The control of nature readings : Atchafalaya
The readings focus on the Atchafalaya, which initially was a tributary of the Mississippi. It was one of the rivers used for transportation in the US, and this is underscored by the readings when they mention boats being used to transport goods and people across the tributary. The readings highlight that the Atchafalaya had undergone headward erosion, and after several decades, it managed to draw off water from the Mississippi (Aulenbach et al, 2007). It is argued that its volume in the 1940s was approaching one-third. As a result of erosion, the Atchafalaya widened and deepened, drawing more water from the Mississippi. After several years, the Atchafalaya had shifted from being a tributary of the Mississippi to a master stream. Essentially, the readings underscore the fact that the Atchafalaya was an offspring of the Mississippi, which was gradually decreasing in volume after directing a large volume of its water to the Atchafalaya. The fact that the Atchafalaya drew water from the Mississippi had various consequences, which included the destruction of New Orleans and the demise of Baton Rouge. Apart from the Mississippi, the readings postulate that the Atchafalaya also captured the Red River, which previously was also a tributary of the Mississippi. As a result of the capture of the Red River, the Atchafalaya’s power was increased, and this played an integral role in its eventual capture of the Mississippi several decades later. One condition for river capture is that the parent river must be at a higher level than the capturing river, and this fact is underscored by the readings that state that the water on the Mississippi side was eighteen feet above sea level whereas the water on the Atchafalaya side was only five feet above sea level. The readings mention that the Atchafalaya is widely described as one of the most treacherous in the world despite its quietness and smoothness. The readings go ahead to mention that the more water the Atchafalaya takes, the bigger it gets and vice versa. The fact that the Atchafalaya continues to get more water has resulted in flooding, which has prompted responses from the relevant authorities. In an effort to control flooding in the region, control structures were erected along the river, and this kept away floods for several years.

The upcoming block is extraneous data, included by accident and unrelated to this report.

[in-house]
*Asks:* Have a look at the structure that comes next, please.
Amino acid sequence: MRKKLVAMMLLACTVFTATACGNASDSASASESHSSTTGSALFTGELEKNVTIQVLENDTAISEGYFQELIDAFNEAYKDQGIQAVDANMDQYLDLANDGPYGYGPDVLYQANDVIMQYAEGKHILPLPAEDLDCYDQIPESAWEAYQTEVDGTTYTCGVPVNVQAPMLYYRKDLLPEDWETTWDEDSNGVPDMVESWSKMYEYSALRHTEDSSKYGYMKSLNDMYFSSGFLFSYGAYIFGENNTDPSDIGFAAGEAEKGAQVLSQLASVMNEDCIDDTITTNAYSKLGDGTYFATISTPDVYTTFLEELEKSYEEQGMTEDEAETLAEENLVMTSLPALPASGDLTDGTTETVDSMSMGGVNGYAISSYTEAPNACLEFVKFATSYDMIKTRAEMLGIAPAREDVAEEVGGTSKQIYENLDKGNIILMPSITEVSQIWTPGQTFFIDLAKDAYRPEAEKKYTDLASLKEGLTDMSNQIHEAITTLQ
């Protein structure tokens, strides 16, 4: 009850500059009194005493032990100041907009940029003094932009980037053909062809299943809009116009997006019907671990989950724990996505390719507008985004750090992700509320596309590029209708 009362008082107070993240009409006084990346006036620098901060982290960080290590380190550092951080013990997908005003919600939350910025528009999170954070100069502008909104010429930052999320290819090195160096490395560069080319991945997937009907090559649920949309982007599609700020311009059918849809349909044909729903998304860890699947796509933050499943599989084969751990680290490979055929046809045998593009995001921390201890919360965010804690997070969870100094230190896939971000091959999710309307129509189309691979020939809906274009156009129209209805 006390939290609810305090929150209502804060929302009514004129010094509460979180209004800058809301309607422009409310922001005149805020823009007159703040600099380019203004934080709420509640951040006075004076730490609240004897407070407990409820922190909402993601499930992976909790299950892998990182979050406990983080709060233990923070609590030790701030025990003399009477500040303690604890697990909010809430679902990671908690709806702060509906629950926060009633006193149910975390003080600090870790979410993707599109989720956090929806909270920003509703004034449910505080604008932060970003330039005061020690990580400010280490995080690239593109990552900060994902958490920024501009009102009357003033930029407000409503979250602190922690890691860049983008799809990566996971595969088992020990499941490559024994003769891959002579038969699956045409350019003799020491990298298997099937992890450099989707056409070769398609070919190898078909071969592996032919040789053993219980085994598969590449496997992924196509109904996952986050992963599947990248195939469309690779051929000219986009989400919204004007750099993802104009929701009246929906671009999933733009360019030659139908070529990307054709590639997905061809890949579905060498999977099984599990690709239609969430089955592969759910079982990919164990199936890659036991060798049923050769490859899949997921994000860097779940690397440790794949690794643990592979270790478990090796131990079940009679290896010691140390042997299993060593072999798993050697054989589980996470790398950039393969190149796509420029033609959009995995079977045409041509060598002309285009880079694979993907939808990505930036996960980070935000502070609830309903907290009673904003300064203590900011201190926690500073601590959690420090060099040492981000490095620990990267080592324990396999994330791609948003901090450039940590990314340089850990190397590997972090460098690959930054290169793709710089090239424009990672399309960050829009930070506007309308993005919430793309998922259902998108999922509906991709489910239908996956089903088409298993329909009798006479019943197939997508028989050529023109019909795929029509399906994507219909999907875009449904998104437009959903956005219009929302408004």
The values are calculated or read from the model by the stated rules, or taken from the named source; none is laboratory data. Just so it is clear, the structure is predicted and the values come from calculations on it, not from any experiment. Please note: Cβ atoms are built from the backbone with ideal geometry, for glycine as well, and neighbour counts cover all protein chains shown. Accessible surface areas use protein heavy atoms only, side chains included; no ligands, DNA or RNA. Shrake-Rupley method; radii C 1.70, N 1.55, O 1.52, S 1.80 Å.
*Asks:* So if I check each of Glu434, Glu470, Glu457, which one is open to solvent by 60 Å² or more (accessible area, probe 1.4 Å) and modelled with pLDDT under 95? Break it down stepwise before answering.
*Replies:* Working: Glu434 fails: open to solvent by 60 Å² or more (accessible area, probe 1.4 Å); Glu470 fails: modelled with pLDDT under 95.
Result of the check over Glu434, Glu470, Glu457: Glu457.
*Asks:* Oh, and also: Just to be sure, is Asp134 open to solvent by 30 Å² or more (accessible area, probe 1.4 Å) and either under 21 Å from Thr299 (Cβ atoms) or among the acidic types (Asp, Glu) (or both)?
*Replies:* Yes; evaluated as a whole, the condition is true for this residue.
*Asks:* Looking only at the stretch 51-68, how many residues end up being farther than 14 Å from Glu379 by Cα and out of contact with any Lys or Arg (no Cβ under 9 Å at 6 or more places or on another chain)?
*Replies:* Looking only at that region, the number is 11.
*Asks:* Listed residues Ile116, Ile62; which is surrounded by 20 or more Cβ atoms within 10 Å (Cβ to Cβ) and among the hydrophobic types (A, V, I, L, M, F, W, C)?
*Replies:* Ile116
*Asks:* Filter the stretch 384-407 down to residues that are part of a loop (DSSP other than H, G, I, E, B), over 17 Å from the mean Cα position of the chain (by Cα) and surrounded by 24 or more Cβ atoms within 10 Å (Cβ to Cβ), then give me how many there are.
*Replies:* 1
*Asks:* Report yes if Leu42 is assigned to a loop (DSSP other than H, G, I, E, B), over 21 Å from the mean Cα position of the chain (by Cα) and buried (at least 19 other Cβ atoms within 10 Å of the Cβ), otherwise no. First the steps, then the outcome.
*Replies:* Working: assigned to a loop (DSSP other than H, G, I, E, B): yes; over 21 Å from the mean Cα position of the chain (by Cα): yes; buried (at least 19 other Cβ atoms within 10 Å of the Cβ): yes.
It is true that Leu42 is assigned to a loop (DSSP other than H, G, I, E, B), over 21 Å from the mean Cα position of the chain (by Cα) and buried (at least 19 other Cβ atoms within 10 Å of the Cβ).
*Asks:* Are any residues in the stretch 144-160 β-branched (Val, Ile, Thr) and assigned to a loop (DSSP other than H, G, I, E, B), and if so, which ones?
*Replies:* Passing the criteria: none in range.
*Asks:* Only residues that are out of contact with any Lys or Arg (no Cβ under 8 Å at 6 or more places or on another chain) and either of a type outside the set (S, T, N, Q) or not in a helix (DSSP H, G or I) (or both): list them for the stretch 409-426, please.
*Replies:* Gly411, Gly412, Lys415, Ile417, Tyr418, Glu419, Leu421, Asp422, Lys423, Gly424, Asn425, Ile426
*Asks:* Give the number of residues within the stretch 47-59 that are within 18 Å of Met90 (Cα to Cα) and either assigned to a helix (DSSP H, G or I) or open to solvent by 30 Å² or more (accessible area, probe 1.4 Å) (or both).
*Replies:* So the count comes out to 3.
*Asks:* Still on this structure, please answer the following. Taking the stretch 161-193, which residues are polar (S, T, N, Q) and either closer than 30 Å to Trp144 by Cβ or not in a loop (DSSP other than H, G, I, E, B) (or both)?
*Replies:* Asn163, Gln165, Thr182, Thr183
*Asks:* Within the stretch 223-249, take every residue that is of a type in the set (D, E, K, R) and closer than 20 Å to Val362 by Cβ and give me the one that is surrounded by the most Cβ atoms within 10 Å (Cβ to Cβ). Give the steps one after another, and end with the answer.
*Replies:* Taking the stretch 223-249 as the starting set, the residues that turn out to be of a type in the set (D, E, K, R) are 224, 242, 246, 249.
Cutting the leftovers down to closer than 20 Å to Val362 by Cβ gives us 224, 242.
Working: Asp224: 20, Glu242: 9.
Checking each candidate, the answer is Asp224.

The readings from an engineering point of view
The readings mention that the construction around the Old River with the aim of controlling floods was carried out by engineers. An interesting engineering aspect that can be identified in the readings is that in the construction to control floods, concrete was penetrated by exploratory diamond drills. The readings also mention that a road was built over the structure, with more holes drilled on it, and the holes had diameters of the size of dinner plates, and grout was inserted expertly in the below cavities, and thus resembled fillings in a row of molars. Without a doubt, there is an engineering knowledge applied in the construction of the area around the Old River with an objective of controlling floods, which are experienced due to the large volumes of water contained in the Atchafalaya. To continue with the construction, diversion of Mississippi River flow was essential (Allison et al, 2000). The readings also state that rock riprap and cement grout, were used in the performance of emergency foundation repair that was to safeguard the erected structure from potential total failure.
Allison, M. A., Kineke, G. C., Gordon, E. S., & Goñi, M. A. (2000). Development and reworking of a seasonal flood deposit on the inner continental shelf off the Atchafalaya River. Continental Shelf Research, 20(16), 2267-2294.
Aulenbach, B. T., Buxton, H. T., Battaglin, W. A., & Coupe, R. H. (2007). Streamflow and nutrient fluxes of the Mississippi-Atchafalaya River basin and subbasins for the period of record through 2005 (No. 2007-1080).